U.S. factory orders, auto
sales buoy growth outlook
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[June 04, 2014]
By Lucia Mutikani
WASHINGTON (Reuters) - New
orders for U.S.-made factory goods rose for a third
straight month in April and automakers reported robust
vehicle sales in May, boosting the outlook for
second-quarter economic growth.
Tuesday's reports added to bullish employment and other
manufacturing data in suggesting the economy has rebounded smartly
from the first quarter's weather-induced slump.
"This is consistent with other data showing growth bouncing back in
the second quarter. Everything looks set for solid growth in the
second half of this year," said Gus Faucher, senior economist at PNC
Financial Services Group.
Factory orders increased 0.7 percent after an upwardly revised 1.5
percent advance in March, the Commerce Department said. March's
orders had previously been reported as having risen 0.9 percent.
Excluding the volatile transportation category, orders rose 0.5
percent, the third straight monthly gain.
Surprisingly strong U.S. sales from automakers in May bolstered the
upbeat view on the factory sector and suggested manufacturing was
poised for further growth.
Auto sales surged 11.4 percent from a year earlier to a seasonally
adjusted annual 16.77 million unit rate, the strongest pace since
February 2007, according to research firm Autodata.
General Motors Co <GM.N> and Chrysler Group <FIA.MI> said May sales
were the best for that month in seven years. Nissan Motor Co
<7201.T> set a sales record for May and Hyundai Motor Co <005380.KS>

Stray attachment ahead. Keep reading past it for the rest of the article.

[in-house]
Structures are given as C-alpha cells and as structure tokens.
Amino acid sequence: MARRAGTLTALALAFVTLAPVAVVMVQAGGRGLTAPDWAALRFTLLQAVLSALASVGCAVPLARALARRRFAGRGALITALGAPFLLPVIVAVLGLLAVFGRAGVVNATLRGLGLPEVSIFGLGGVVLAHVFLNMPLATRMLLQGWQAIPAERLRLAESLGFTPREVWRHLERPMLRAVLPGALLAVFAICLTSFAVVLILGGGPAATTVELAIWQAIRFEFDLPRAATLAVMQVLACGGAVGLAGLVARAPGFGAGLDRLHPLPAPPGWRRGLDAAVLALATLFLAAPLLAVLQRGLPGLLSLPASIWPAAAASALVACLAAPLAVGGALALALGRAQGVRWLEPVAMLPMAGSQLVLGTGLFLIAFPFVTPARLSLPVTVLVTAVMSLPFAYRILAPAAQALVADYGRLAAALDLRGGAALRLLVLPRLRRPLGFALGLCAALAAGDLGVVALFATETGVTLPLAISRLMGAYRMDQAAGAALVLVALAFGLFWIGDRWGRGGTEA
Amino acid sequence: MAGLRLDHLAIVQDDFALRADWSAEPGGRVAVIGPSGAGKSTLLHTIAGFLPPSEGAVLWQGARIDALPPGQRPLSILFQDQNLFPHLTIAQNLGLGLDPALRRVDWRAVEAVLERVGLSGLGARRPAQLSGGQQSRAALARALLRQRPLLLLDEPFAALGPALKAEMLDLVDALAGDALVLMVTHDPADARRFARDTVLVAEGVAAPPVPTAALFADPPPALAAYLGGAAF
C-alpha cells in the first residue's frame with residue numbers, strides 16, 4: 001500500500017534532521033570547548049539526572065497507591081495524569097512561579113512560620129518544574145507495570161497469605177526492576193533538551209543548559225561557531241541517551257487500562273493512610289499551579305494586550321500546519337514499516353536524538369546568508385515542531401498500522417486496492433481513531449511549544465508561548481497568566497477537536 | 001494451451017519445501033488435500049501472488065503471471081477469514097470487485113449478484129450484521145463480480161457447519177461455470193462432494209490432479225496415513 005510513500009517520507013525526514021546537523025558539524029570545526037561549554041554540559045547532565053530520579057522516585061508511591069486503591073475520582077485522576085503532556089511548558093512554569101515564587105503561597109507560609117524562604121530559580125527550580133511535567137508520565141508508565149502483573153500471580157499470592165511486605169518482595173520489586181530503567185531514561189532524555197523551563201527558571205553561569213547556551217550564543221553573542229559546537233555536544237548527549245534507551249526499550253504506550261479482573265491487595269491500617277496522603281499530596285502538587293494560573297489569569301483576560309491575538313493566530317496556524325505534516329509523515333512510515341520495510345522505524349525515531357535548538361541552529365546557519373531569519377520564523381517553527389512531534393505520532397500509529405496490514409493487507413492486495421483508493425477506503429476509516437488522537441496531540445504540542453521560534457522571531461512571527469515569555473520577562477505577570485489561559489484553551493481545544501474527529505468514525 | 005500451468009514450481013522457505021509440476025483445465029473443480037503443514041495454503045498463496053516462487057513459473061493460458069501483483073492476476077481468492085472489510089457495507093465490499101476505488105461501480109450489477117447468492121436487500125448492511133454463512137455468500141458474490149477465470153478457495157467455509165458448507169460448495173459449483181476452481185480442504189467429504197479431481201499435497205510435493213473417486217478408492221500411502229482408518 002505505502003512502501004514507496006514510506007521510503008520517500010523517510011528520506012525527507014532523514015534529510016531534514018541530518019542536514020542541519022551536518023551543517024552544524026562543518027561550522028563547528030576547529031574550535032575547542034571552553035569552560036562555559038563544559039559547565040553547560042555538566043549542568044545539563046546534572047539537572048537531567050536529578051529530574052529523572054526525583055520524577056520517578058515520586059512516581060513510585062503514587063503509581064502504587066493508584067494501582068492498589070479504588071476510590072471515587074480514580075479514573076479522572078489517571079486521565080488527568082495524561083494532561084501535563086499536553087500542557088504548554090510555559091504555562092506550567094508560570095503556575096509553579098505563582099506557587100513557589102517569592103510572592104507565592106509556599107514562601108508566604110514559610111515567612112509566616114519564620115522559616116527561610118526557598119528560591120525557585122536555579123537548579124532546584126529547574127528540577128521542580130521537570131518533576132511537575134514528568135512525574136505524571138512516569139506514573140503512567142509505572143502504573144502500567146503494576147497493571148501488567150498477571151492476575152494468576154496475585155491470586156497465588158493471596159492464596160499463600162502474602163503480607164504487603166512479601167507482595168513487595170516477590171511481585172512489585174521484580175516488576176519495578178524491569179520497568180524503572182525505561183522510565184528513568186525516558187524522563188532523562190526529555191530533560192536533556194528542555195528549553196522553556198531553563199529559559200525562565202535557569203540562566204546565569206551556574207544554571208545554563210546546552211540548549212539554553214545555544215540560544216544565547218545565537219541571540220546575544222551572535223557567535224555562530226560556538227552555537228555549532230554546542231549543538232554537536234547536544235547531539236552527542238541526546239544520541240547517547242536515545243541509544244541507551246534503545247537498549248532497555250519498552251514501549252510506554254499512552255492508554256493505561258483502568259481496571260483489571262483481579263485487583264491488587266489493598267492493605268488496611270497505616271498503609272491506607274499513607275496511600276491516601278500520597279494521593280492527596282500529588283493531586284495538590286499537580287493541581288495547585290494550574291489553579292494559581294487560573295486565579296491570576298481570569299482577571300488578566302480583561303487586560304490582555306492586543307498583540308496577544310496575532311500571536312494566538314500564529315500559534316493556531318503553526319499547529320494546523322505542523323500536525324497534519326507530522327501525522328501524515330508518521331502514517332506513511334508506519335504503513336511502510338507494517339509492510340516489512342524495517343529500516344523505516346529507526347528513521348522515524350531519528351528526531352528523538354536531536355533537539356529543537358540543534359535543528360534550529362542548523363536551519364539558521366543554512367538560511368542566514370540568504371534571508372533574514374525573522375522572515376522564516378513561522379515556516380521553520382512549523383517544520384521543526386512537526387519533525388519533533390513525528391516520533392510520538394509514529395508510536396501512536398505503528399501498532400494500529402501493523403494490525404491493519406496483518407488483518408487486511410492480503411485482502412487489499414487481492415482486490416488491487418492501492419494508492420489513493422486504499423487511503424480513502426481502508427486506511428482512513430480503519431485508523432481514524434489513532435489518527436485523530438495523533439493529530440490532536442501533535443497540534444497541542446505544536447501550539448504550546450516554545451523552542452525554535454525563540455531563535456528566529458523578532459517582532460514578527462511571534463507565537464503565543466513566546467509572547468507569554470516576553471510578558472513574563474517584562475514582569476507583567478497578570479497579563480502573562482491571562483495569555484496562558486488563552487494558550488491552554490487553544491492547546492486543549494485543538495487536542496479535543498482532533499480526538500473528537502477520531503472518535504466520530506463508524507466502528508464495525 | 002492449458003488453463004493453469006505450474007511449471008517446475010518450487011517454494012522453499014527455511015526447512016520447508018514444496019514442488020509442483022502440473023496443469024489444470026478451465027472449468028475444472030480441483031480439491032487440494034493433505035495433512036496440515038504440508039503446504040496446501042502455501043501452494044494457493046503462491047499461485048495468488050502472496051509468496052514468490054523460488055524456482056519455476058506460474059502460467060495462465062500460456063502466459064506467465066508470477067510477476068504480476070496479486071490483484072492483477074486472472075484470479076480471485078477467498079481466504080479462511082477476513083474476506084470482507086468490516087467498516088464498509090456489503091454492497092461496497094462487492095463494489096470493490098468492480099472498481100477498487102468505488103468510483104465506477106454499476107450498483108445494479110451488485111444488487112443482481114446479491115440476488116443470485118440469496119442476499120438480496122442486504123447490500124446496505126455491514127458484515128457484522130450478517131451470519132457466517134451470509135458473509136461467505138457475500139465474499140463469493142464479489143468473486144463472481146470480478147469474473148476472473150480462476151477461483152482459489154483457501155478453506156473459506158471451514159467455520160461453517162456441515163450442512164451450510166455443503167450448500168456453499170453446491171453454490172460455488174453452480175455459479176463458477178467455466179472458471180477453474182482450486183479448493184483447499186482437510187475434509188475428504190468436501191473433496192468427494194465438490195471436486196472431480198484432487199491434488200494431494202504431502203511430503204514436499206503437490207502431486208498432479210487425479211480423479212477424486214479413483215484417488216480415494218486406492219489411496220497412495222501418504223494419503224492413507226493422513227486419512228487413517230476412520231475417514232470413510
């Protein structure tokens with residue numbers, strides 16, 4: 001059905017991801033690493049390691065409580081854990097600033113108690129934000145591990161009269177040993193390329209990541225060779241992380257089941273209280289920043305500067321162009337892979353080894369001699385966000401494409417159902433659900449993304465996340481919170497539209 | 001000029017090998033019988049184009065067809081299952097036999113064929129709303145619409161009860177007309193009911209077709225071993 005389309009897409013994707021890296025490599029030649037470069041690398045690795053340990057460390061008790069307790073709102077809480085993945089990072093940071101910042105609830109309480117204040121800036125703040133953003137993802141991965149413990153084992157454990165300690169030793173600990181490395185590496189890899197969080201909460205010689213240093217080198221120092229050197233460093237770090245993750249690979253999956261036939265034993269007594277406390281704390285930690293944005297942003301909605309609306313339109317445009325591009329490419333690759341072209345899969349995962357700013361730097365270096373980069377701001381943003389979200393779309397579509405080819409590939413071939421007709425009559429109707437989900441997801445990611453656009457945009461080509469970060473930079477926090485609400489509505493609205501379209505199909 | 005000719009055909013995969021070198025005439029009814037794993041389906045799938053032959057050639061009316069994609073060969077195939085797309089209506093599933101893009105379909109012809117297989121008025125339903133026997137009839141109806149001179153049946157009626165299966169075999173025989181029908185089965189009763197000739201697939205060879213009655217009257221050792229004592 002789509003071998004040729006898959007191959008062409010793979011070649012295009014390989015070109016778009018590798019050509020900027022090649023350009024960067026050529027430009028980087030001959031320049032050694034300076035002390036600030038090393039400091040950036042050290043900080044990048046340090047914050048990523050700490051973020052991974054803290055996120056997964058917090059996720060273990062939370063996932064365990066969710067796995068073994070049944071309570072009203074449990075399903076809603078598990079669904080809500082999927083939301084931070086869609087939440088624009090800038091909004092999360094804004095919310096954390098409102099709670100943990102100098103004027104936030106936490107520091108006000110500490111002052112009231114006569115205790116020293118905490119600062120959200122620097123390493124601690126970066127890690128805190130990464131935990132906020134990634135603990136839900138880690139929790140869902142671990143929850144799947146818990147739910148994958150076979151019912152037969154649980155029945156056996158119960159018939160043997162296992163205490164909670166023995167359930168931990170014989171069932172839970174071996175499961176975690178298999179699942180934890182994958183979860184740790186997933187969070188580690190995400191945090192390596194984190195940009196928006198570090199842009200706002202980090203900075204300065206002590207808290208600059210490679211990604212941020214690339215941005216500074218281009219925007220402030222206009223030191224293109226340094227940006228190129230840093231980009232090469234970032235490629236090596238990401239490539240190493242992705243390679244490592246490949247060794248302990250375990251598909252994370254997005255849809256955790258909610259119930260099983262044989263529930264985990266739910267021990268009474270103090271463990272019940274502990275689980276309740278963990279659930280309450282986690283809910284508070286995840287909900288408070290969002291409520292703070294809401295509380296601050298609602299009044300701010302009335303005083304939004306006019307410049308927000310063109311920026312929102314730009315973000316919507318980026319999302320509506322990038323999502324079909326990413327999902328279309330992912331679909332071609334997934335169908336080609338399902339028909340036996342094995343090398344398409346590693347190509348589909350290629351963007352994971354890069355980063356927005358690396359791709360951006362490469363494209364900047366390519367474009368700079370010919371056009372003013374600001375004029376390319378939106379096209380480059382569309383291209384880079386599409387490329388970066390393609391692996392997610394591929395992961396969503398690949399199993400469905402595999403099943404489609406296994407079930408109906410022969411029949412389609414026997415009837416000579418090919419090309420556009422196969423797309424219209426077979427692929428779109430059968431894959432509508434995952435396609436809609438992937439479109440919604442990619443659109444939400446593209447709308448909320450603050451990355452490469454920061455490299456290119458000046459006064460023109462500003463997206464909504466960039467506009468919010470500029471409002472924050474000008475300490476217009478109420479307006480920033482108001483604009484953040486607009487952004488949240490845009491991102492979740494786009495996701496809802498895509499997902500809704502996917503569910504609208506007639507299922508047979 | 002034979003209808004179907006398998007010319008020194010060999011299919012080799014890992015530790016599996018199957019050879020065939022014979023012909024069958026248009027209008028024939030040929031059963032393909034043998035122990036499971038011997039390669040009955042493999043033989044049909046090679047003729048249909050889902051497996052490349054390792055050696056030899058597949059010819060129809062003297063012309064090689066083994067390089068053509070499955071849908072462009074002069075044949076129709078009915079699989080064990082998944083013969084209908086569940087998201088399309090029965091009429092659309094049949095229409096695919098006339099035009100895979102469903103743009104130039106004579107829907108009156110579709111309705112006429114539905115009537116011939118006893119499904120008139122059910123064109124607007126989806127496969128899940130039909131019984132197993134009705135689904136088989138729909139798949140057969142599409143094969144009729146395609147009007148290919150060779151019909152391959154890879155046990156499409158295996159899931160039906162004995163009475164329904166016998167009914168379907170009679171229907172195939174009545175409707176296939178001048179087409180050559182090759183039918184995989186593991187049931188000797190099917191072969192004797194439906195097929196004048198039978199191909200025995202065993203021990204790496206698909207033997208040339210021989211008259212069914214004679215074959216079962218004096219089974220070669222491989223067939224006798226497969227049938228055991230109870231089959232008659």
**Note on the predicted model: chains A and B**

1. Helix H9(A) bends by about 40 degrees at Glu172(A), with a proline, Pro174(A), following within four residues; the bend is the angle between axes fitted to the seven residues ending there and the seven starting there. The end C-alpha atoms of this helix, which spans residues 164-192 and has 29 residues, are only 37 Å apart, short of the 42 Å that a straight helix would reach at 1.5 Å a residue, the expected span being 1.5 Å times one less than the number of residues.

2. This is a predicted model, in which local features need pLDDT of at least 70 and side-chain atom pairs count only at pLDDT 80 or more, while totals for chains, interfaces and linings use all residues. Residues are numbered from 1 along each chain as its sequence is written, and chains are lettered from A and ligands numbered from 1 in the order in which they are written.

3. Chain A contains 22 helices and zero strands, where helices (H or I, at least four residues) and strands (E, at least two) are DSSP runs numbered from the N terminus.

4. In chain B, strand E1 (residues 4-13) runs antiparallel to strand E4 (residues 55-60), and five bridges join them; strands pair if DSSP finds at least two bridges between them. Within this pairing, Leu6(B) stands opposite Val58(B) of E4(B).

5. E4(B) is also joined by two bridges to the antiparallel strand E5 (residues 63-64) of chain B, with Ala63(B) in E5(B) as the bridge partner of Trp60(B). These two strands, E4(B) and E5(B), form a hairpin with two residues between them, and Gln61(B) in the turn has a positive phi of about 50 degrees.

had its best month ever.
"These are stunning numbers, especially since the industry is in the
midst of some massive, highly publicized recalls," said Anthony
Karydakis, chief economic strategist at Miller Tabak in New York.
"We would view this as a strong sign of a consumer sector emerging
more confident with pivotal positive implications for spending and
growth later in the year."
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The economy should also get a lift as businesses rebuild inventories
after hunkering down in the first quarter to work through piles of
stocks accumulated late last year.
Factory inventories rose 0.4 percent in April.
The rise in inventories and the jump in auto sales prompted Barclays
to raise its estimate of second-quarter U.S. growth by two-tenths of
a percentage point to a 3.0 percent annual rate.
Forecasting firm Macroeconomic Advisers lifted its forecast to 3.9
percent from 3.8 percent, based on factory inventories, while
Goldman Sachs upped its estimate by one-tenth to 3.8 percent. The
U.S. economy contracted at a 1.0 percent rate in the first quarter.
Unfilled orders recorded their largest gain since November,
indicating factories will be busy in the months ahead, and shipments
rose for a third consecutive month.
(Reporting by Lucia Mutikani; Editing by Andrea Ricci and James
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